Let’s celebrate the great work in the NHS

Two of Sasha Frieze's relatives were treated at the QEH. Picture: Ian Burt

Two of Sasha Frieze's relatives were treated at the QEH. Picture: Ian Burt - Credit: IAN BURT

I think we can all agree that one of the most consistent news stories in today's national media is the apparent demise of the NHS.

The same stories hit the headlines regularly. We are being told daily of the NHS failure to meet targets, ambulances taking four hours to reach call outs.

We are being reminded regularly of lack of beds, long waiting lists and beds stacked up in the corridors while the occupants are ignored.

For people living in other corners of the globe they must be watching the news and thinking to themselves that we have a chronic health crisis in the UK, when actually what we do have is the privilege to enjoy one of the greatest and most envied healthcare systems in the world.

So why do we have a tendency to look for fault rather than perfection? Why do we report criticism and not praise?

Why must we look for problems and not solutions? Why is there a persistent need to write the bad and never the good?

My own personal experience with the NHS in Norfolk has always been positive.

Most Read

I recently went up to the Ear Nose and Throat (ENT) department and I regularly visit the eye clinic.

The eye department, for anyone who has not been to it, is a remarkably well run, organised unit.

The flow of patients moves easily between eye tests, eye drop administrations, field tests, photographs and then back to the beginning to discuss the results with your initial specialist. It really is very impressive.

Yesterday I visited the ENT department, for which I had waited three months for my appointment date to come round.

I was not concerned, as I knew I was not an emergency and so I was happy to wait for my turn.

It would appear not everyone is as understanding and the constant complaining is uncalled for, tiresome, tedious and repetitive.

How do they propose the hospital go about pleasing everyone when the population continues to rise?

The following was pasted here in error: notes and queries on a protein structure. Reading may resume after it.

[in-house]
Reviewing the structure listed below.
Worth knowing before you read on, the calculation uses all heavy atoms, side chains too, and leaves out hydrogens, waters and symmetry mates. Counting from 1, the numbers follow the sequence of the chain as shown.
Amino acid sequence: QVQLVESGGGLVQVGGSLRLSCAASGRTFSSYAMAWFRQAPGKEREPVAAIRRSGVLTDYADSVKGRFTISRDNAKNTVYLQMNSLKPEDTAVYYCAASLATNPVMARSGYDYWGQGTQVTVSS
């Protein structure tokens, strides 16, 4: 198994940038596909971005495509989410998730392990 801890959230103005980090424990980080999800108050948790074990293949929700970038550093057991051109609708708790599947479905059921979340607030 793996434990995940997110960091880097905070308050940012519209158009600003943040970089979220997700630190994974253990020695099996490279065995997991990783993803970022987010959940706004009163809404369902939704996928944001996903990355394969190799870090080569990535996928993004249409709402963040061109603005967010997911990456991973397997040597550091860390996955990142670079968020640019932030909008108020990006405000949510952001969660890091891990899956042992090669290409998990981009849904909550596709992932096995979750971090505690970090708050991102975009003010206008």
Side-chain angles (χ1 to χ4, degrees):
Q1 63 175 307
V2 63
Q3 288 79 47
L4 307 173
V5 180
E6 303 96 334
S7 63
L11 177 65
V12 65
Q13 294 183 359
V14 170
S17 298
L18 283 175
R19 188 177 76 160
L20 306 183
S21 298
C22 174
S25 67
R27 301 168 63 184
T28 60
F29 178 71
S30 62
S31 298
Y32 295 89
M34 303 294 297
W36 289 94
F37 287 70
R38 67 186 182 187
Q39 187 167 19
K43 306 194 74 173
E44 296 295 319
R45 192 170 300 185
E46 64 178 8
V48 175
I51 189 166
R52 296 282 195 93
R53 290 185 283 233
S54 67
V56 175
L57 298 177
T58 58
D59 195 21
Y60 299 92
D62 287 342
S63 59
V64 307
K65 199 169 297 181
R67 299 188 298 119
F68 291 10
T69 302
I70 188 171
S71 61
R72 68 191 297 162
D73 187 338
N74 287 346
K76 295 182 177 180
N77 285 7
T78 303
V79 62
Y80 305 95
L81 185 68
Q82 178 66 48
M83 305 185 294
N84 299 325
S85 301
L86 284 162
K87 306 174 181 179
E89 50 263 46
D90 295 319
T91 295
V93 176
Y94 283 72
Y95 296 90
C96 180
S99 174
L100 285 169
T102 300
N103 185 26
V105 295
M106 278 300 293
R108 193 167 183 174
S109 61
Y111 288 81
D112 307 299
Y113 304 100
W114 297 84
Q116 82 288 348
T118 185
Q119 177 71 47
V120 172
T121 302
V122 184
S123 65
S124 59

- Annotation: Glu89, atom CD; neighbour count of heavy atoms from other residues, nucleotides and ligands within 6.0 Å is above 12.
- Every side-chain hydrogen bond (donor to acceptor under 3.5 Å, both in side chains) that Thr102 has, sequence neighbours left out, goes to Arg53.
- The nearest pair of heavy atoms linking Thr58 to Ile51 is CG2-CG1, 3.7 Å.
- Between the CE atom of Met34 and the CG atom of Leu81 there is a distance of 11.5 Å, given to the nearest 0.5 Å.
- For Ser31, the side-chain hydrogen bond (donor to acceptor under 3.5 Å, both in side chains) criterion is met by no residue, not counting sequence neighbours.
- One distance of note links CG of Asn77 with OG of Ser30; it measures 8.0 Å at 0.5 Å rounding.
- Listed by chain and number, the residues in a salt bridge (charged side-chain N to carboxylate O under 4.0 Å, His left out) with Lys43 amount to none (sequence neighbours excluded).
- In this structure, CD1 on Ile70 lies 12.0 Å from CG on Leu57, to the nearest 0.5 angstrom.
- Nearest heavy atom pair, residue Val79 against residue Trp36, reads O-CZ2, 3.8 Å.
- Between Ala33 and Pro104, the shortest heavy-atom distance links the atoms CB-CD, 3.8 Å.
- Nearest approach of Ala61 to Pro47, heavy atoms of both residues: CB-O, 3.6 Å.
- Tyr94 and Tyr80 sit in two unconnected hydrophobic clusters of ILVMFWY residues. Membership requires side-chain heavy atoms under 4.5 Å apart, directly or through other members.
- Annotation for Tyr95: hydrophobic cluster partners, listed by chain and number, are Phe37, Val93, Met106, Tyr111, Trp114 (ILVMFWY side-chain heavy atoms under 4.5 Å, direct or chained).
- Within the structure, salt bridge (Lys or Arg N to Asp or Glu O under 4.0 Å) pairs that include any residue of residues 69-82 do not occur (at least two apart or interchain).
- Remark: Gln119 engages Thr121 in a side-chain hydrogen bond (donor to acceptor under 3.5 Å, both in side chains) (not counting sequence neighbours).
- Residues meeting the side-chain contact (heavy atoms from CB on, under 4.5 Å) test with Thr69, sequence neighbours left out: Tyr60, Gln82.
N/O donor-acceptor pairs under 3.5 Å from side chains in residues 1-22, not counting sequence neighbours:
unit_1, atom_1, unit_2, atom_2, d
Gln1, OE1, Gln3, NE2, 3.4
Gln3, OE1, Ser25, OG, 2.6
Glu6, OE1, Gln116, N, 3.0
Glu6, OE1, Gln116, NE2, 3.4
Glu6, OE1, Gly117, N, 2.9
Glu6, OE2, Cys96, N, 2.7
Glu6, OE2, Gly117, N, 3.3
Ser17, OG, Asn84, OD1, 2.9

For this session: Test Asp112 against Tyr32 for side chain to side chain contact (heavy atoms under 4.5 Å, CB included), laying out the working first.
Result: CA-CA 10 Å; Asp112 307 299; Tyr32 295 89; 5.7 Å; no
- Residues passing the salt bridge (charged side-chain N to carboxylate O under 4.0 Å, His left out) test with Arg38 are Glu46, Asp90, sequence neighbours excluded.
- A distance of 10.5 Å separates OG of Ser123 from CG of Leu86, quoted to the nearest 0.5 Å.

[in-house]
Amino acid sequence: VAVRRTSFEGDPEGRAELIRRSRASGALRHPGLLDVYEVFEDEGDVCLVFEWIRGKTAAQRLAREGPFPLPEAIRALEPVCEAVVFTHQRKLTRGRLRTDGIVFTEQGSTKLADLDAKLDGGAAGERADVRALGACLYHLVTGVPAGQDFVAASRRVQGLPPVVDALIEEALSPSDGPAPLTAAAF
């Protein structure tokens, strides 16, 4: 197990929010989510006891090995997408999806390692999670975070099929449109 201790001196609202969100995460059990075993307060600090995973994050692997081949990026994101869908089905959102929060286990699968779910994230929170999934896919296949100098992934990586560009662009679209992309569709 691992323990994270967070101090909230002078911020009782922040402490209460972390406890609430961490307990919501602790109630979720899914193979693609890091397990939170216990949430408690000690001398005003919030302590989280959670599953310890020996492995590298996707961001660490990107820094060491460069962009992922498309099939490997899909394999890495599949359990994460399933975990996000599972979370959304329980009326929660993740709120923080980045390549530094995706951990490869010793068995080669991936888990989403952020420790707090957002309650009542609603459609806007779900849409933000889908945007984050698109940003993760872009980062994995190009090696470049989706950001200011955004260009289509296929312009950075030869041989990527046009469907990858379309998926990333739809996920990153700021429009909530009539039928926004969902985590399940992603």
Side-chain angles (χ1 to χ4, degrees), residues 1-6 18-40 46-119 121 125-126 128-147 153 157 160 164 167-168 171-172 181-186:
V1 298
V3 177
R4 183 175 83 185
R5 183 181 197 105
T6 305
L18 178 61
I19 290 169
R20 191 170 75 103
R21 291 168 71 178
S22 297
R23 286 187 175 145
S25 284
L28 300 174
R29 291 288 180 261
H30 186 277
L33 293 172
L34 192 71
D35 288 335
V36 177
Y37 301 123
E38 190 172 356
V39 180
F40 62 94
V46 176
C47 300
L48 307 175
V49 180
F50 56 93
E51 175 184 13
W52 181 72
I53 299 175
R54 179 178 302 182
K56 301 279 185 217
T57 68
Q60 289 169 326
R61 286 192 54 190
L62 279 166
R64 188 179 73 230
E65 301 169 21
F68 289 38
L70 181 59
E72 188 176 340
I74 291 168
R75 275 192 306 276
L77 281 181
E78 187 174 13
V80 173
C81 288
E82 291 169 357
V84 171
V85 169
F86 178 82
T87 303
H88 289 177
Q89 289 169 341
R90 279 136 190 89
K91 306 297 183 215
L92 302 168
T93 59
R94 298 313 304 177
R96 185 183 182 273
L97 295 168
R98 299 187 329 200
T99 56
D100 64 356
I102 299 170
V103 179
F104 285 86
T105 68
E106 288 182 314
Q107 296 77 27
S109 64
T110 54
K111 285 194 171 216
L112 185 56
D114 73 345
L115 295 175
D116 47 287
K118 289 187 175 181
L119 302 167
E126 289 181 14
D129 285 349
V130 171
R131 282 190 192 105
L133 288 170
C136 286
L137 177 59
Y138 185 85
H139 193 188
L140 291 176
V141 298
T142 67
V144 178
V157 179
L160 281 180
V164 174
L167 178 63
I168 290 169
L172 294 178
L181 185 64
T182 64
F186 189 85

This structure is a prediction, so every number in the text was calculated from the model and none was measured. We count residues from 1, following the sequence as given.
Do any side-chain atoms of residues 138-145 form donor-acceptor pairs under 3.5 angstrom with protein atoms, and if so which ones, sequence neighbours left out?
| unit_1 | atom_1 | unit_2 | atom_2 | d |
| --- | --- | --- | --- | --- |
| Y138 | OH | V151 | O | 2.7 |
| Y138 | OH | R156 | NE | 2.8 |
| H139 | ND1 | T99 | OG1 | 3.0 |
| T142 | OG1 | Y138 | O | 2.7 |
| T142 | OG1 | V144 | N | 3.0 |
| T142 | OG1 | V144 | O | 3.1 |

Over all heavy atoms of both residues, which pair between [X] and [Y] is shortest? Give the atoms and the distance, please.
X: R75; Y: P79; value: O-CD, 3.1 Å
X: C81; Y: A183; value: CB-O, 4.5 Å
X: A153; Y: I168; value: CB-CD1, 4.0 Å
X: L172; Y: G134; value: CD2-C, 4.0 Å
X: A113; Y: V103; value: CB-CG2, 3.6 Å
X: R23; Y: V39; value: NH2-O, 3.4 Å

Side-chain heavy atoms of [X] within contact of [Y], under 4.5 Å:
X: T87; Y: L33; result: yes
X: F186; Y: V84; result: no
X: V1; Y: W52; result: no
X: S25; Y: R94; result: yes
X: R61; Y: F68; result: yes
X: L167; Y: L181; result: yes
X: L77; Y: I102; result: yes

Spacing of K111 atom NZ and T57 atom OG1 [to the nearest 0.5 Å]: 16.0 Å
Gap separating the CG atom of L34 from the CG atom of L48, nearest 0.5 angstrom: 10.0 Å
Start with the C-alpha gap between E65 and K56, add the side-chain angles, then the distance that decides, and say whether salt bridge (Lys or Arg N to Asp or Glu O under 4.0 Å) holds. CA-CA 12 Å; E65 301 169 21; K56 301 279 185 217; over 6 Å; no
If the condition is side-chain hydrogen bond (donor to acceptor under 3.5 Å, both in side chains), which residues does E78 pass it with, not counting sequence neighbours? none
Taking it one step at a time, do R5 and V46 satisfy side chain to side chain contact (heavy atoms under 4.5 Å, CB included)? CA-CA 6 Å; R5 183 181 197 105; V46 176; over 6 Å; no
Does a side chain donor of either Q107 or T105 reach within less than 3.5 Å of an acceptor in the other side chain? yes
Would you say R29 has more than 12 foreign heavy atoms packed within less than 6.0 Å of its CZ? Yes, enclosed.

Health services take the strain while other professionals reap the benefits from housing, retail, tourism, cinemas, eateries, the list goes on, but that is not the fault of our medics. It is in fact quite the opposite, healthcare is doing such a good job and we are all literally living proof of that. The doctors, nurses and health care professionals, caretakers, groundsman, cleaners, voluntary workers, coffee makers, chefs and cooks and many, many more employees make the commute to the Norfolk and Norwich University Hospital and all pull together to run this well oiled machine. Often with resources stacked against them.

The kindness displayed by all the staff at the Norfolk and Norwich, no matter what their role is, can only ever be described as superlative, they are passionate in what they do, hard working, helpful and ready to appease and regularly administer ease and comfort to their patients.

I know if I or anyone has a serious problem then we will be fast tracked to an immediate consultation. What other country offers this service? Let's make a concerted effort when we next visit the hospital to make allowances for over running appointments, to show patience and compassion, to show gratitude, thanks and appreciation.

Everybody goes to work to do their best but not everyone has to meet the challenges, frustrations that the staff members of the NHS do. Let's remember that.